In the Washington region, the jurisdictions hit hardest at the start are likely to be the District and the two state governments. That’s because they rely more than county governments on sales tax and income tax for revenue.

Sales-tax receipts are expected to drop quickly as economic activity dries up. Income-tax revenue will follow, although much of the impact will be delayed until next year, when individuals will report lower capital gains as a result of the recent stock market collapse.

County government budgets rely more on property taxes, where the impact will be felt only if a general economic downturn reduces home prices and thus assessments.

“The long-term fundamentals for home and real estate values won’t change much,” said Jeannette Chapman, director of George Mason University’s Stephen S. Fuller Institute for Research on the Washington Region’s Economic Future. “We’re not in ‘Mad Max’ land yet.”

D.C., Maryland restaurants, bars must shut down as Virginia reports second coronavirus death

Still, Chapman and other economists are expecting an economic downturn. Her initial forecast, issued Wednesday, is for an economic contraction from April to December in the nation and the Washington region.

“Unless there’s a vaccine developed like, next week, this will cause a recession nationally, and it will flatten out our economy,” Chapman said. “Right now, my assumption is that there will be some return to normal life in June. Obviously, if it’s longer than that, it will have a larger impact.”

Chapman predicts the Washington area will fare slightly better than the nation as a whole because its economy is based comparatively little on manufacturing and thus is less vulnerable to international supply-chain interruptions.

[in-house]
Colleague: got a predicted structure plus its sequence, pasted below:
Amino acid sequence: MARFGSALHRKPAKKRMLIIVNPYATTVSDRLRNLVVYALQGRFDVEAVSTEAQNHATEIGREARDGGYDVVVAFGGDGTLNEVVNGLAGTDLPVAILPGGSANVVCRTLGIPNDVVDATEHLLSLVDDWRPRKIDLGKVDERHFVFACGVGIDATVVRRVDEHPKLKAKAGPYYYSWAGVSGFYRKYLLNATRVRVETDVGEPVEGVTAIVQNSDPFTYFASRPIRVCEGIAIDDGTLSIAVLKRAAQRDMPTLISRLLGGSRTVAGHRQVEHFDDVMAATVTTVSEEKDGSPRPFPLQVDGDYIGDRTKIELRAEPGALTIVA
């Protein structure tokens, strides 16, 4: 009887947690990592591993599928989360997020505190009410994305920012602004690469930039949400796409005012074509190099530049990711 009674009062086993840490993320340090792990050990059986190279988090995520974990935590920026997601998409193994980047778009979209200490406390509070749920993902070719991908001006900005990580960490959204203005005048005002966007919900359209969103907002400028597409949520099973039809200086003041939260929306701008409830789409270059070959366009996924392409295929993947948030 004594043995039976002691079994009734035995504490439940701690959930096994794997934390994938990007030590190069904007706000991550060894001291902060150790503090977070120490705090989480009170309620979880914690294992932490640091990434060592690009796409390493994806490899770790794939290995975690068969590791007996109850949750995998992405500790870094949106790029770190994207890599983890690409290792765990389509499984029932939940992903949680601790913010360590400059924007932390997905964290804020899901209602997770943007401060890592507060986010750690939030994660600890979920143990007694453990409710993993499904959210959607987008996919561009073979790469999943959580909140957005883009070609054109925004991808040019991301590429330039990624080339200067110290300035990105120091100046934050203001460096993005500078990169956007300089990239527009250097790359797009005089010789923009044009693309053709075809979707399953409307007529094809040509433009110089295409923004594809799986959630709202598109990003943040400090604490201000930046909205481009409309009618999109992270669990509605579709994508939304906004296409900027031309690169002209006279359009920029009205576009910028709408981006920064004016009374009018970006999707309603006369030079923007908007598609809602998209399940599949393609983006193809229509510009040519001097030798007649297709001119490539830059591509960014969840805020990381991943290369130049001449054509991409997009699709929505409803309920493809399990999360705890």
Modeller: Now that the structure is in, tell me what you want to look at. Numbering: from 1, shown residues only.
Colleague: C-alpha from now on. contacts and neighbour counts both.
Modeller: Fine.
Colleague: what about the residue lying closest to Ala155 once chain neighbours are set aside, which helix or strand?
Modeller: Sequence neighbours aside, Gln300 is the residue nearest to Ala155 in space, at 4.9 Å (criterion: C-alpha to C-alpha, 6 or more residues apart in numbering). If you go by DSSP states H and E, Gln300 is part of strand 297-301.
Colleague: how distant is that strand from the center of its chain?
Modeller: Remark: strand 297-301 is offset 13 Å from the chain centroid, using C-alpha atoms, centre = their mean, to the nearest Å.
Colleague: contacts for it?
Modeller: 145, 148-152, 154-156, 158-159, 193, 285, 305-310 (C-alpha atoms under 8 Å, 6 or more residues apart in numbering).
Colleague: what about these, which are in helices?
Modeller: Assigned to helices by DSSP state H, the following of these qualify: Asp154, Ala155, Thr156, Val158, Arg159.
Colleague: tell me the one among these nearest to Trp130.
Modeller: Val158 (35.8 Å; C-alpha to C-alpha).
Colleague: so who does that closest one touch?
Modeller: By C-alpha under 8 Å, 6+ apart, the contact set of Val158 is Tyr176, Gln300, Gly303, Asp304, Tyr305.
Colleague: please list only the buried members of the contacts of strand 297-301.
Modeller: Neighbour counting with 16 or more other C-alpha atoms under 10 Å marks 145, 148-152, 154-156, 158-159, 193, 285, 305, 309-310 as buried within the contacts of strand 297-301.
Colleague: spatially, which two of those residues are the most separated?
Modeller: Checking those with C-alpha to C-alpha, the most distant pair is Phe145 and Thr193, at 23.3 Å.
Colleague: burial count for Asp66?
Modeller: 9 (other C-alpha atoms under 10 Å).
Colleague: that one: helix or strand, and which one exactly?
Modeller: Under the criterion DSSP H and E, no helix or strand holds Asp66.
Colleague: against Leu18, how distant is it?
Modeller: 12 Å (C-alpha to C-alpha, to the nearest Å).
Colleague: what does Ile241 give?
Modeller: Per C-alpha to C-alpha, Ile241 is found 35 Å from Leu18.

Also, a relatively high share of workers in the region are able to work remotely.

Other observers think the federal government’s presence in the region means it will be less affected.

“In times of uncertainty, [the federal government] is a pretty good buffer,” Layne said. “They’re not going to stop paying federal employees. They’re not going to stop shipbuilding [in Hampton Roads].”

Layoffs intensify, leading to soaring unemployment claims as coronavirus closures continue.

He added that decisions by the White House and Congress on the size and shape of relief packages would determine how much pain the state government in Richmond will experience.

“It all comes back to how much money the federal government gives us, as to how severe the revenue reductions are going to be in Virginia,” Layne said.

Officials and analysts said state and local governments should move quickly to provide small businesses with grants, loans and relaxed regulations to prevent layoffs.

“The most important thing that government can do right now is put money in the hands of business owners,” said Yesim Sayin Taylor, executive director of the D.C. Policy Center. “Not a lot of them have a lot of cash on hand or immediate access to credit.”

Another important form of assistance could be aid to renters, but available funds could disappear quickly.

“We have a rental assistance program with more than $500 million in reserves that could help a lot with the community,” said Richard S. Madaleno Jr., director of Montgomery County’s Office of Management and Budget. “In some sort of crazy, complete meltdown, that could be gone in a month.”

Erin Cox, Darran Simon and Patricia Sullivan contributed to this report.